The stage was set as the youth piled into the warmth and dimness of the Kool Haus last Saturday night.

The Two Door Cinema Club logo was set at the back with two round cat eyes relentlessly staring at the crowd. They eyes stared still as the bodies shuffled around with anticipation. Placed precisely in the centre was nothing but a drum set and a microphone stand—a simple set for a simple band that call themselves PS I Love You.

Finally, two figures came on stage unannounced and nonchalantly. One prepared himself with a beer at the drum set as the other, with a guitar in hand, adjusted the mic stand. It seemed like not many knew who these guys were; nevertheless, everybody wanted to hear some music. The two turned out to be a noise-pop band from Kingston, Ontario. Right off the bat, PS I Love You surprised the crowd with their roaring sound. The music was fabulously guitar-based with the front man clearly having some serious talent on the instrument. Vocally, the lyrics seemed typical for a garage-band sound and were limited with screams and vulgarism. The relatively good music was the main attraction, due to the fact that some people were not too thrilled with the vocals. The duo played songs from their LP, starting the night with “Meet Me at the Muster Station”, which speaks about anger and frustration towards the social world being dependant on technology more than ever. Another memorable tune, entitled “2012”, unavoidably caught everyone’s attention. It was clear to see that the crowd accepted the band with open minds, but they were still getting restless as they eagerly awaited the two sets of “Clubs” to hit the stage.

The next band had a very warm welcome from the mob of indie rockers that filled the crowd. Two Door Cinema Club, originally from Ireland, finally took the stage with the upbeat electric music everyone was waiting for. The band began with “Cigarettes in the Theatre”, which was the perfect first tune to get everybody pumped up for the next few hours. The lead vocalist, Alex Trimble, sounded amazing live, and very similar to the record itself. The vocals sounded almost flawless among the rush of guitars, drums, and synth. The literal jumping and dancing on the stage by Trimble and bassist Kevin Baird infused a lively atmosphere throughout the venue. In the middle of the set, Two Door performed a couple of their more recent songs, including “Handshake” and “Kids”. Two Door struck the crowd with thrilling indie rock that essentially left people wanting more or asking where they could get more. As the set ended, the energy emitted from the stage invigorated the crowd. The whole performance of songs spat dashing melodies and did not leave a single person leaning against the wall.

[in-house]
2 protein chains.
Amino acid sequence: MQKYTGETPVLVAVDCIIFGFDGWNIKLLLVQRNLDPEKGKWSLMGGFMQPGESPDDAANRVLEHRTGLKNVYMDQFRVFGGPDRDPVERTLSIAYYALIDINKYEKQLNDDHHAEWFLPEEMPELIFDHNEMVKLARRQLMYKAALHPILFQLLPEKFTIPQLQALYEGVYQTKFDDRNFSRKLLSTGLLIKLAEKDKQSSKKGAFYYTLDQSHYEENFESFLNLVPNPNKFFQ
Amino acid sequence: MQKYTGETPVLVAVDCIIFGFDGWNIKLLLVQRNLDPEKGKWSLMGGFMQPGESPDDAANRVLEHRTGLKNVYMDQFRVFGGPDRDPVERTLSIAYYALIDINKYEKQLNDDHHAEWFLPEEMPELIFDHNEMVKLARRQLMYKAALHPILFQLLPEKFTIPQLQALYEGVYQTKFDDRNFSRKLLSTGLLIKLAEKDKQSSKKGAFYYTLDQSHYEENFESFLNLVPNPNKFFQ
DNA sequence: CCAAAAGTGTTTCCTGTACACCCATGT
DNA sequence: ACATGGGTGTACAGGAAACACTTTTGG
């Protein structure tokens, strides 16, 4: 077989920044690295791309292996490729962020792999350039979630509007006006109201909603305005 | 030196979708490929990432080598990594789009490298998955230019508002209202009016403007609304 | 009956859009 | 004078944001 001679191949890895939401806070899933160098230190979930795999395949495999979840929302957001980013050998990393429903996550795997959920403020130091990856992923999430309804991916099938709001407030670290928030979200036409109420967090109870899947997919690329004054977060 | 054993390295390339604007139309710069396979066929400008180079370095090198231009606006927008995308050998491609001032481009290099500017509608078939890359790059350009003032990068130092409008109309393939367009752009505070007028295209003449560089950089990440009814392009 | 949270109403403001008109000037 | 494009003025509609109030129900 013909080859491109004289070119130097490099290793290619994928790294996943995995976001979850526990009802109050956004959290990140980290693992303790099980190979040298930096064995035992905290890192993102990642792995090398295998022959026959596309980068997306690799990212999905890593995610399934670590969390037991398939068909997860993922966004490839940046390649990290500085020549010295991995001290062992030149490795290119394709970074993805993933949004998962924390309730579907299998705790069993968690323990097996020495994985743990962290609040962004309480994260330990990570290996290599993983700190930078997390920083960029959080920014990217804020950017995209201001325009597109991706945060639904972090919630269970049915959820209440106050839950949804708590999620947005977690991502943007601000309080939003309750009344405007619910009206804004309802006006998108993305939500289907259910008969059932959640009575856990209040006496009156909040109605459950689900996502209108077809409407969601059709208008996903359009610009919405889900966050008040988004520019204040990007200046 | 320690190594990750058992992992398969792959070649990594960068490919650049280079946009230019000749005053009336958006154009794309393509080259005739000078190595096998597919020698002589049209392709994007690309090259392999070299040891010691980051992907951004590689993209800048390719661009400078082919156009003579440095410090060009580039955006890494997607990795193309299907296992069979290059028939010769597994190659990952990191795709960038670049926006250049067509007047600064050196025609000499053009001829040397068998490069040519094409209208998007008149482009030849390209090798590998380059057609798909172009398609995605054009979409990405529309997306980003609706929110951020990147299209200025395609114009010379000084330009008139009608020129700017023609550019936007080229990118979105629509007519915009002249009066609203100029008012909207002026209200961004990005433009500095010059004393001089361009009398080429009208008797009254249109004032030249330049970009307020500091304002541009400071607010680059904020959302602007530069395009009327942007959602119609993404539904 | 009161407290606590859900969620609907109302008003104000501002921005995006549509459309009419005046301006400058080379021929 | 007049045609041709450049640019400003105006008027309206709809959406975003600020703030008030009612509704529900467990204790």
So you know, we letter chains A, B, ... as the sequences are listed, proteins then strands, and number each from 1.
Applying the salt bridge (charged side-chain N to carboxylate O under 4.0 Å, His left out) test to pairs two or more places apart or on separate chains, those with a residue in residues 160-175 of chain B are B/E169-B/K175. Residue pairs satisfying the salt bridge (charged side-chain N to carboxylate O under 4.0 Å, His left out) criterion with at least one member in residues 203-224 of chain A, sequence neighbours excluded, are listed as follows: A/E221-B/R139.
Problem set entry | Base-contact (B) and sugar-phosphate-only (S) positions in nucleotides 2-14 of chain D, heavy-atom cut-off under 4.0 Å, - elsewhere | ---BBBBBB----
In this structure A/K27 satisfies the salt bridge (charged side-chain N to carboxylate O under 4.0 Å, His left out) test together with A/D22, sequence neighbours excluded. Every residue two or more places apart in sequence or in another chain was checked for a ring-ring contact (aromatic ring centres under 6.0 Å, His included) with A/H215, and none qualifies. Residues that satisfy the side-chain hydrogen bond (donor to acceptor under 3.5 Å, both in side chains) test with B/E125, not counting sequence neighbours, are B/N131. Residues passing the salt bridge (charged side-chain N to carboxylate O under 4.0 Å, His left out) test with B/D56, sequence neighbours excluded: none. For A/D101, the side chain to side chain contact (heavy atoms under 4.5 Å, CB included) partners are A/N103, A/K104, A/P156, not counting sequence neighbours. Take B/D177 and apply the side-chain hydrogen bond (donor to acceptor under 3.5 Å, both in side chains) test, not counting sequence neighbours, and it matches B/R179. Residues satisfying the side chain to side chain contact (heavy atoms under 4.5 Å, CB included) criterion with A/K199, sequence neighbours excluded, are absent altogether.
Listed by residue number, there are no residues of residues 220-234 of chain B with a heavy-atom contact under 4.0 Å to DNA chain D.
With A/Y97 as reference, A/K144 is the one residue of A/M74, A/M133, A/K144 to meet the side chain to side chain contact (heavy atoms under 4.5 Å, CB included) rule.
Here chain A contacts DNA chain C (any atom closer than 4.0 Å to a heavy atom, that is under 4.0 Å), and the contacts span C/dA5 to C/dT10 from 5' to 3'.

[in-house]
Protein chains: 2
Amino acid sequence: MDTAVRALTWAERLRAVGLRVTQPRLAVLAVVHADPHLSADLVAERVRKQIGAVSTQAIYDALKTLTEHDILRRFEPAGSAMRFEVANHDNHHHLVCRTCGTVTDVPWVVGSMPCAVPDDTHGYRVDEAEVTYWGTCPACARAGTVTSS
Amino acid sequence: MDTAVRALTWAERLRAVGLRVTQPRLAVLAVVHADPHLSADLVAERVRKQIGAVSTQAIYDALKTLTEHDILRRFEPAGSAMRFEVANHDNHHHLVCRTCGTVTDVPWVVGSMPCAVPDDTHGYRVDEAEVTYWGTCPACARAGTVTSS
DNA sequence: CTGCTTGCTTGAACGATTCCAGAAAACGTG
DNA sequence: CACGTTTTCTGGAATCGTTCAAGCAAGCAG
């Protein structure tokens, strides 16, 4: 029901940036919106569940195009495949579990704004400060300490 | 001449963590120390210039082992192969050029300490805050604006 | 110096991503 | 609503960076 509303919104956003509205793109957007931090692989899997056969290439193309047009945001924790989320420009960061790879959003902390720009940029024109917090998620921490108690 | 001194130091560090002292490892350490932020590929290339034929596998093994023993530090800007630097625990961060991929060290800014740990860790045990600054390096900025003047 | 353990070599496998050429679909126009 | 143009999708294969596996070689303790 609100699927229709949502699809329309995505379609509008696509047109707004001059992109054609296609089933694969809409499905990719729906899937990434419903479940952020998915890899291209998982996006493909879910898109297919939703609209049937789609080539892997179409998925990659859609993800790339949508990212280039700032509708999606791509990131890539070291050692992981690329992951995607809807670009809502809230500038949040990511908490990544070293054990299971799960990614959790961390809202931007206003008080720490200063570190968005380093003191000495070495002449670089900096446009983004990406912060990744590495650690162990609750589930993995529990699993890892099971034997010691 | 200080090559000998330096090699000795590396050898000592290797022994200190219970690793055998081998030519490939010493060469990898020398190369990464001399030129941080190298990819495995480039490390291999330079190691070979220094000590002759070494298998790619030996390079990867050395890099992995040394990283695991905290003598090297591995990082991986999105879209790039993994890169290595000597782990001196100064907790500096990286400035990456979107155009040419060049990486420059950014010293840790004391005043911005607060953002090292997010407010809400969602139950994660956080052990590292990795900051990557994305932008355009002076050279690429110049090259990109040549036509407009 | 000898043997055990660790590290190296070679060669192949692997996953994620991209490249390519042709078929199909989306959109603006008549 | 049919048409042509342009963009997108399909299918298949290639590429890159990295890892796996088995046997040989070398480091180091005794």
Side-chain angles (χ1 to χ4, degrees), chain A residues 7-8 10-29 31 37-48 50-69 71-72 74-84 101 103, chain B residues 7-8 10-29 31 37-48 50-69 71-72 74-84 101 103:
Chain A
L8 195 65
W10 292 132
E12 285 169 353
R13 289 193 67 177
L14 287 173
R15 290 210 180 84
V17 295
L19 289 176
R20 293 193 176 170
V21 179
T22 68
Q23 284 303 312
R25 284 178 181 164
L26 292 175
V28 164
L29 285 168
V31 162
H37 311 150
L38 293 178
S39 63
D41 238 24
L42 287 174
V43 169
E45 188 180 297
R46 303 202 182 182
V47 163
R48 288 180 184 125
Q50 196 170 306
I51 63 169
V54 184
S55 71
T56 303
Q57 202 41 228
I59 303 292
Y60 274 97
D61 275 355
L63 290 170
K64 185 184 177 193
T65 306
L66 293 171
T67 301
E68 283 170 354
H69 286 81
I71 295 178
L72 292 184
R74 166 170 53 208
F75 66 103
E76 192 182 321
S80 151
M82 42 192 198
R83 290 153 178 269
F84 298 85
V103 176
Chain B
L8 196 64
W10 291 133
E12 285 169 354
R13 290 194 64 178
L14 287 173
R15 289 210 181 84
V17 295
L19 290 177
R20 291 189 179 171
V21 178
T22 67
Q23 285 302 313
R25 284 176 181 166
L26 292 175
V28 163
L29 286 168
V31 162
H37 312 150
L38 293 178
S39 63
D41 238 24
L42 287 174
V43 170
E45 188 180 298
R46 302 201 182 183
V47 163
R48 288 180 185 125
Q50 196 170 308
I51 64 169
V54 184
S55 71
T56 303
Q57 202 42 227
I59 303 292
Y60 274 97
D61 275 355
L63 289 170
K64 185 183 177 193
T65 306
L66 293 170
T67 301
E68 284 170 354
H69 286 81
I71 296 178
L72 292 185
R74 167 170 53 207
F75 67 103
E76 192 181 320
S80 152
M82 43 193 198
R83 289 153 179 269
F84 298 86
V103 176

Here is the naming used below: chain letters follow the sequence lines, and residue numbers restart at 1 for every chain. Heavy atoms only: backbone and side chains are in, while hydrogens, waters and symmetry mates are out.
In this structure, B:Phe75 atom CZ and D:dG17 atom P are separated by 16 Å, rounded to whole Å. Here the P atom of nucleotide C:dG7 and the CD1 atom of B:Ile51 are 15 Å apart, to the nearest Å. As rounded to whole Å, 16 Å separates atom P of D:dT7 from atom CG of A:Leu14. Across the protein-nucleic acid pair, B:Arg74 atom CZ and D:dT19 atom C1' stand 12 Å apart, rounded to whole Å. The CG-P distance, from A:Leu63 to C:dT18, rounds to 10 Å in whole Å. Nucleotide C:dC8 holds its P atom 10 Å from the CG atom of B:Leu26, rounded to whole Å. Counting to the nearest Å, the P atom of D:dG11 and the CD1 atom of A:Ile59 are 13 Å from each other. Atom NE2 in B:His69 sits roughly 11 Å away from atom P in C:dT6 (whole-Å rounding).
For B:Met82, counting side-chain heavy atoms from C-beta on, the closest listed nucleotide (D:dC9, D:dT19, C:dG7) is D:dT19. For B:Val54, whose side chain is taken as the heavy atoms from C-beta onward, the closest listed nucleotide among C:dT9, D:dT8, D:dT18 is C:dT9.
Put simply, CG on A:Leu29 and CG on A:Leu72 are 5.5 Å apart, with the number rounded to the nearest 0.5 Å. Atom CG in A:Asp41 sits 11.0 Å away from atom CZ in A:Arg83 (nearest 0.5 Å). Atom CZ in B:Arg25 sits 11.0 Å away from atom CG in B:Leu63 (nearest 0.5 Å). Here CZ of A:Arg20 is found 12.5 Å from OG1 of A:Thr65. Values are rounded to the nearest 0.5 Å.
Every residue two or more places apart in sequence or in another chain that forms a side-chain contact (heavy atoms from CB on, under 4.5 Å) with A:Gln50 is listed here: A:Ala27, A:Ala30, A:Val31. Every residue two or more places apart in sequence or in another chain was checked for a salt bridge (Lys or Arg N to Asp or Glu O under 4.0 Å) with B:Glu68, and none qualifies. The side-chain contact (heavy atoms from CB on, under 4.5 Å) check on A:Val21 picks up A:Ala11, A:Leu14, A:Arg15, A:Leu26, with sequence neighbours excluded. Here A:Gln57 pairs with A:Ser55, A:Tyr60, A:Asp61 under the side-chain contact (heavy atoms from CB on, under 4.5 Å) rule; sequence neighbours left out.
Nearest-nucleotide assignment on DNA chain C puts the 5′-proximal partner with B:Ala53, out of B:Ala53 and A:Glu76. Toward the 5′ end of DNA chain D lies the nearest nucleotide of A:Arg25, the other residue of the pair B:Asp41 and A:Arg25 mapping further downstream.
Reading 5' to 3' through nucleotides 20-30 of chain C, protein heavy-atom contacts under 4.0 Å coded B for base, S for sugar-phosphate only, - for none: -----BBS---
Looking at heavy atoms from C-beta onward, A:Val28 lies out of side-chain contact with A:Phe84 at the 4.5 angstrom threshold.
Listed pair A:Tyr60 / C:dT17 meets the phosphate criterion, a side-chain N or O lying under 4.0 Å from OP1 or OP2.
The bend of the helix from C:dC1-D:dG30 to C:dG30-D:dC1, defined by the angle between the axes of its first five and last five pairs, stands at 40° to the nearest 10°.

The final intermission passed and the stage crew prepared for the much-anticipated headlining band.

Just like the opening act, Tokyo Police Club is made up entirely of Canadians, specifically from Newmarket, Ontario. As the red lights dimmed the stage, the band appeared and began the instrumental intro to “Favourite Colour”. The crowd could not help but applaud when Dave Monk’s voice was heard and the bright lights finally revealed the faces of Tokyo Police Club. The songs from their second album, Champion, were a delight to watch and hear, and heads were peeking over heads in an attempt not to miss a sight or a sound. When hits such as “Wait Up (Boots of Danger)” and “Bambi” were performed, the lyrics had an echo as the crowd sang along to every line they knew. The overall musical performance was vigorously entertaining, and was definitely worth the long wait. Tokyo Police Club saved an old song for last, when they performed “Your English Is Good”, off their debut album. The song marked the beginning of the indie rock band’s fame in 2008, and was now the closing performance of the show.

Things couldn’t have gotten any better—but surprisingly, they did. For a final encore, Two Door Cinema Club returned onstage to join Tokyo Police Club for a cover of “Last Night” by The Strokes, as both front men took turns singing the verses and chorus. It was a memorable way to end the show with such a famous tune, and the final words that Monk shared with fans were simply, “Thanks, Toronto. We’ll see you soon.” Yet again, all that was left was an empty stage and a crowd with the feeling of anticipation for “soon”.

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